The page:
The Lagginhorn (4,010 m) is a mountain in the Pennine Alps in Switzerland. It lies a few kilometres north of the slightly higher Weissmies and also close to the slightly lower Fletschhorn on the north.

The west face
Highest point
Elevation4,010 m (13,160 ft)
Prominence511 m (1,677 ft)[1]
Parent peakWeissmies
Isolation3.3 km (2.1 mi)[2]
Coordinates46°9′26″N 8°0′11″E / 46.15722°N 8.00306°E / 46.15722; 8.00306
Lagginhorn is located in Switzerland
Location in Switzerland
LocationValais, Switzerland
Parent rangePennine Alps
First ascent26 August 1856 by E. L. Ames, Franz Andenmatten and Johann Josef Imseng, together with three Englishmen and three guides
Easiest routeWest ridge (PD)
Laggin bivouac (2425 m)[3]
46°09′52″N 008°02′44″E / 46.16444°N 8.04556°E / 46.16444; 8.04556 (Laggin Biwak)

The Lagginhorn is the last four-thousander in the main chain before the Simplon Pass; it is also the lowest four-thousander in Switzerland.

The first ascent was by Edward Levi Ames and three other Englishmen, together with local Saas Grund clergyman Johann Josef Imseng, Franz Andenmatten and three other guides on 26 August 1856.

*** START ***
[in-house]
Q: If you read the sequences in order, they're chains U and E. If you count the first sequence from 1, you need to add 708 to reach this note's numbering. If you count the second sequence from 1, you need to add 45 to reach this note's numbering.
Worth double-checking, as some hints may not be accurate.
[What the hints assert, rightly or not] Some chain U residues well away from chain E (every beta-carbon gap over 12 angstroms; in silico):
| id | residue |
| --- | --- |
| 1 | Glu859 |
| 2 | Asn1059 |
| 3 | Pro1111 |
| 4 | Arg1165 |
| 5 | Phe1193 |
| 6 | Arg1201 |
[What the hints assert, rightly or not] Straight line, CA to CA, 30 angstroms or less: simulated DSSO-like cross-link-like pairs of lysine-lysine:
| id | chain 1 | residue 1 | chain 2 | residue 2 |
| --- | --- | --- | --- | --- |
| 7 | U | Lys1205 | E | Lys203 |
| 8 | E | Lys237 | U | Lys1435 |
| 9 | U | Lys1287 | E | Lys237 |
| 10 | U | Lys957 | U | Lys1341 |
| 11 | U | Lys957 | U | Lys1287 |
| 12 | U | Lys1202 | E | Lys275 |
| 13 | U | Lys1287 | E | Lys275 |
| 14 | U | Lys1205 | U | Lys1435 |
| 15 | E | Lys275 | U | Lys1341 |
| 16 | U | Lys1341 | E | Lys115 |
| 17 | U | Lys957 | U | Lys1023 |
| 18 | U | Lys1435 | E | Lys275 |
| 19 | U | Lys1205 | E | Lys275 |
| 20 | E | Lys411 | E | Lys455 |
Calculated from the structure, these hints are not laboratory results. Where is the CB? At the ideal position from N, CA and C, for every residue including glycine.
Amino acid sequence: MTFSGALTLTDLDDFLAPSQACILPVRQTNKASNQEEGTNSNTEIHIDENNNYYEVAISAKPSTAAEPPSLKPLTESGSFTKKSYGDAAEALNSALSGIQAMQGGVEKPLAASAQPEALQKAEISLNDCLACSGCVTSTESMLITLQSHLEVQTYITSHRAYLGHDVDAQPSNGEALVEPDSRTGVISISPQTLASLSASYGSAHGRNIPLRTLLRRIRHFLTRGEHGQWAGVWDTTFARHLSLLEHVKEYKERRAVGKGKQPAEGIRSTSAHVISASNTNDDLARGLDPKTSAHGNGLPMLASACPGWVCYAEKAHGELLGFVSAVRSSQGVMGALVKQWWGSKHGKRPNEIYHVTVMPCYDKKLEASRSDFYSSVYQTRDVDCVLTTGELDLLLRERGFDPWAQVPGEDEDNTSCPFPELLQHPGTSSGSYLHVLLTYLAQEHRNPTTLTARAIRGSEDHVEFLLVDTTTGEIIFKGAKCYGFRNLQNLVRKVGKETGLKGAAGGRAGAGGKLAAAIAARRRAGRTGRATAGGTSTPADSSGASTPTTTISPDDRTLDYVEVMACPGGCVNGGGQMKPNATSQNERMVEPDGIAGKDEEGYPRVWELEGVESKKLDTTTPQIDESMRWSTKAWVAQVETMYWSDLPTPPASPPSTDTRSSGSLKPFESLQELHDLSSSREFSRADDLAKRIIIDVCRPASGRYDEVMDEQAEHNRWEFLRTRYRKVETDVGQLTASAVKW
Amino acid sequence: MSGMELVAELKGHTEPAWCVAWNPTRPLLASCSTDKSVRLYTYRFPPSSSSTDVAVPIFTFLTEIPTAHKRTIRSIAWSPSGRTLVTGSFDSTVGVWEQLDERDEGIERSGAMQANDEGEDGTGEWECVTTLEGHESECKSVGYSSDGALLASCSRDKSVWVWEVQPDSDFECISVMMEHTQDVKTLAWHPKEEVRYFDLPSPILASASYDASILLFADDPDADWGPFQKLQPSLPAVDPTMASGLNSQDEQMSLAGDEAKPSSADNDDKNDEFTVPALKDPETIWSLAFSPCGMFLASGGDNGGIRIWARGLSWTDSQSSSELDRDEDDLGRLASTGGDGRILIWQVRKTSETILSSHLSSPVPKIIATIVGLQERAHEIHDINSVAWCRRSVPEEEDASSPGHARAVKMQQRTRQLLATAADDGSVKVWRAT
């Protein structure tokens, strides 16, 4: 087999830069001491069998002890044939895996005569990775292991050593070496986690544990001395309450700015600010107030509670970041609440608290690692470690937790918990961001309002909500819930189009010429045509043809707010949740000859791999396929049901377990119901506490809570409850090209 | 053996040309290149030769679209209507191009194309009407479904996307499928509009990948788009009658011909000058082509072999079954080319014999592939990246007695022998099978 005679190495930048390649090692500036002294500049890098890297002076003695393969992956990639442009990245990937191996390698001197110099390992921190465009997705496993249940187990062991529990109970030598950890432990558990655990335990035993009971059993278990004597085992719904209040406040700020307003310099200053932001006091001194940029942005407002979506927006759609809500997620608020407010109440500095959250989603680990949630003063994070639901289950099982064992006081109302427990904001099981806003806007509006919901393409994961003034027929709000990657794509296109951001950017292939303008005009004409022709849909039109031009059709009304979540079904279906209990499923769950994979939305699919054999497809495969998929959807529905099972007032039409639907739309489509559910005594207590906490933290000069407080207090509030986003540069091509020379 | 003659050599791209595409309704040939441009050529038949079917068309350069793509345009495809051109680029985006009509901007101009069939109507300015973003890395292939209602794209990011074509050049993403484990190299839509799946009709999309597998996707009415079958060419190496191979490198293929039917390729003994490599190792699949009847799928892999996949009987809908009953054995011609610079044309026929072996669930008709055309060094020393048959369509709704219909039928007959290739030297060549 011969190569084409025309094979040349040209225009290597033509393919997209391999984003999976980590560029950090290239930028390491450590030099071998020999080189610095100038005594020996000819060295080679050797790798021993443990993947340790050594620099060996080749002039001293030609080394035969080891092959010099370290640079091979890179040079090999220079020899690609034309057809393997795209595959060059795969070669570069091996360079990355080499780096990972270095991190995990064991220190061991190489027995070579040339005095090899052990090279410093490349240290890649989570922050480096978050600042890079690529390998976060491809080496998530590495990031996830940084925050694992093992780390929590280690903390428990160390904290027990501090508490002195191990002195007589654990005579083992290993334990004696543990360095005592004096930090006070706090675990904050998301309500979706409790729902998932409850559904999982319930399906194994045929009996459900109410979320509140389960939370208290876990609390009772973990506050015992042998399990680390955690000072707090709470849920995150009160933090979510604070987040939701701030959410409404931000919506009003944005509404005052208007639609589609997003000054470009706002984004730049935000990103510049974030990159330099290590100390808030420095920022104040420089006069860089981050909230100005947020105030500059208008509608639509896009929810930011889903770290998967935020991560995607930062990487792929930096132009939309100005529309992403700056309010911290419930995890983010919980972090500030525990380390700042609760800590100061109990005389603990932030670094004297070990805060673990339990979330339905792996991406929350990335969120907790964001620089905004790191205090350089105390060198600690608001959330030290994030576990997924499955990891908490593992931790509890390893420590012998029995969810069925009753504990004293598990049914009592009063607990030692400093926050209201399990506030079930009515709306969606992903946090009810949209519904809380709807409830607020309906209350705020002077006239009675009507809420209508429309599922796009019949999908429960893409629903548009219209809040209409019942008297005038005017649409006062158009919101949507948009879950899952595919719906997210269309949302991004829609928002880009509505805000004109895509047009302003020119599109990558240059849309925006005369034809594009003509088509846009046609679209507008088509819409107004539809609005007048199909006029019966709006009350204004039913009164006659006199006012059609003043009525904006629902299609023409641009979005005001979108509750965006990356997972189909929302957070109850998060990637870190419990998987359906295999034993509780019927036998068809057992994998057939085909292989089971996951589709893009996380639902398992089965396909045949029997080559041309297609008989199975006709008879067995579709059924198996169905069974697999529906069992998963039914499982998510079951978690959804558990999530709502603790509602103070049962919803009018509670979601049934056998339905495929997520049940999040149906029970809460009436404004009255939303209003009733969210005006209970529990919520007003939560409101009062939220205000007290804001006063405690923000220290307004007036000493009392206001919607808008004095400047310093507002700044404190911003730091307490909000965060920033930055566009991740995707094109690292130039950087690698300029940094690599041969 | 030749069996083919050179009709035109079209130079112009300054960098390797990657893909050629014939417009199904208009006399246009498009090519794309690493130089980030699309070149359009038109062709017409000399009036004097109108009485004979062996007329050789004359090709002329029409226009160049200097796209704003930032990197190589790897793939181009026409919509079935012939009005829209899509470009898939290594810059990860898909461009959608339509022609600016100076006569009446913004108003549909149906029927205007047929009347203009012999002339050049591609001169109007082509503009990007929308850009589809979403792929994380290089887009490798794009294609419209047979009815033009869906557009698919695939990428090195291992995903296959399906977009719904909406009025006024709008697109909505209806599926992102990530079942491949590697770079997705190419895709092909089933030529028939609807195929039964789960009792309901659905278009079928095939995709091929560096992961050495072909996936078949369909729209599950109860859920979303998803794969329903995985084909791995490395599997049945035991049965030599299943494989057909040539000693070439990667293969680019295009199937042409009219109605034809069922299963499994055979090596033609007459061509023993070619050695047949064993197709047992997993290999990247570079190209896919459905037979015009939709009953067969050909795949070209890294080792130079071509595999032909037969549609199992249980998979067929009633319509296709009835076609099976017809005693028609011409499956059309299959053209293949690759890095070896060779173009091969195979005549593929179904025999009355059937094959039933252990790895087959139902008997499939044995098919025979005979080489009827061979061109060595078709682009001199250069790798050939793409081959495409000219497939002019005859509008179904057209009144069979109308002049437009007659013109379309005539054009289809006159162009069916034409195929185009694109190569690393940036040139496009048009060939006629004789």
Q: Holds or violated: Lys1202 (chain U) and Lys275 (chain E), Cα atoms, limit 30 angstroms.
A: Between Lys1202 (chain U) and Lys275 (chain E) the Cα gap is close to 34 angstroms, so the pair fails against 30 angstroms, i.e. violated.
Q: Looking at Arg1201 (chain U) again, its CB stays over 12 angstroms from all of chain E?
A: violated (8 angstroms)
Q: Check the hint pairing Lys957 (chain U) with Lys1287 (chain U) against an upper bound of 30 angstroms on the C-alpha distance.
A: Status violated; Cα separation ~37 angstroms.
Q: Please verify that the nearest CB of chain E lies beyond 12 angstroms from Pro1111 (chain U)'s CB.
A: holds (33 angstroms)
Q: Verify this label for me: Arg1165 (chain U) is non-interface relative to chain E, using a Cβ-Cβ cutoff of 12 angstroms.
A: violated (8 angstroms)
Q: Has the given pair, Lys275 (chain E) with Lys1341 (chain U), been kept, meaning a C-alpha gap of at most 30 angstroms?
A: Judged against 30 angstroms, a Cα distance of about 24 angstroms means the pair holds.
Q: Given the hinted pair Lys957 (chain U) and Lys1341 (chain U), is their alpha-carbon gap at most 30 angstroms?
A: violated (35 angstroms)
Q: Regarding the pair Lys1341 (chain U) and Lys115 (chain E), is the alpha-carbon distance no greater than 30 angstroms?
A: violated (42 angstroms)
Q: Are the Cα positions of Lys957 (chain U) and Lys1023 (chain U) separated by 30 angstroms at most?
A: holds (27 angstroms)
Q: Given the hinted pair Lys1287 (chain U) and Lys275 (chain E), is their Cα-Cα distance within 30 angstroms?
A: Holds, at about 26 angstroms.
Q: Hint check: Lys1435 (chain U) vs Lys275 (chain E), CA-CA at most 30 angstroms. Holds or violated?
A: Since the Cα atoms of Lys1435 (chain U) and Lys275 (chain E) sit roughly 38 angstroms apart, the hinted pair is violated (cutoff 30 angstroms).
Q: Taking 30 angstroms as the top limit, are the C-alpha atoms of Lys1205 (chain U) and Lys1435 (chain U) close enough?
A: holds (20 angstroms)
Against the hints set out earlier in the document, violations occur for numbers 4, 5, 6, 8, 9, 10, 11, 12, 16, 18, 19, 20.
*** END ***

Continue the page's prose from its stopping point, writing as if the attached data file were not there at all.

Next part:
Climbing routes edit

The Lagginhorn is characterised by rock climbing rather than snow climbs and possesses a lengthy scramble along the South Ridge including one or more exposed abseils:[4]

  • West-South-West Ridge, PD
  • South Ridge, AD, III
  • West-South-West Rib and South Ridge, AD
  • North-North-East Ridge (via Fletschhorn), PD+

Huts edit

  • Weissmies Hut (2,726 m)
  • Berghaus Hohsaas (3,100 m)
  • Laggin Bivouac (2,425 m)

See also edit

References edit

  1. ^ Retrieved from the Swisstopo topographic maps. The key col is the Lagginjoch (3,499 m).
  2. ^ Retrieved from Google Earth. The nearest point of higher elevation is north of the Weissmies.
  3. ^ Map of Swisstopo
  4. ^ The 4000m Peaks of the Alps, Martin Moran, The Alpine Club (2007)

Bibliography edit

  • Dumler, Helmut and Willi P. Burkhardt, The High Mountains of the Alps, London: Diadem, 1994

External links edit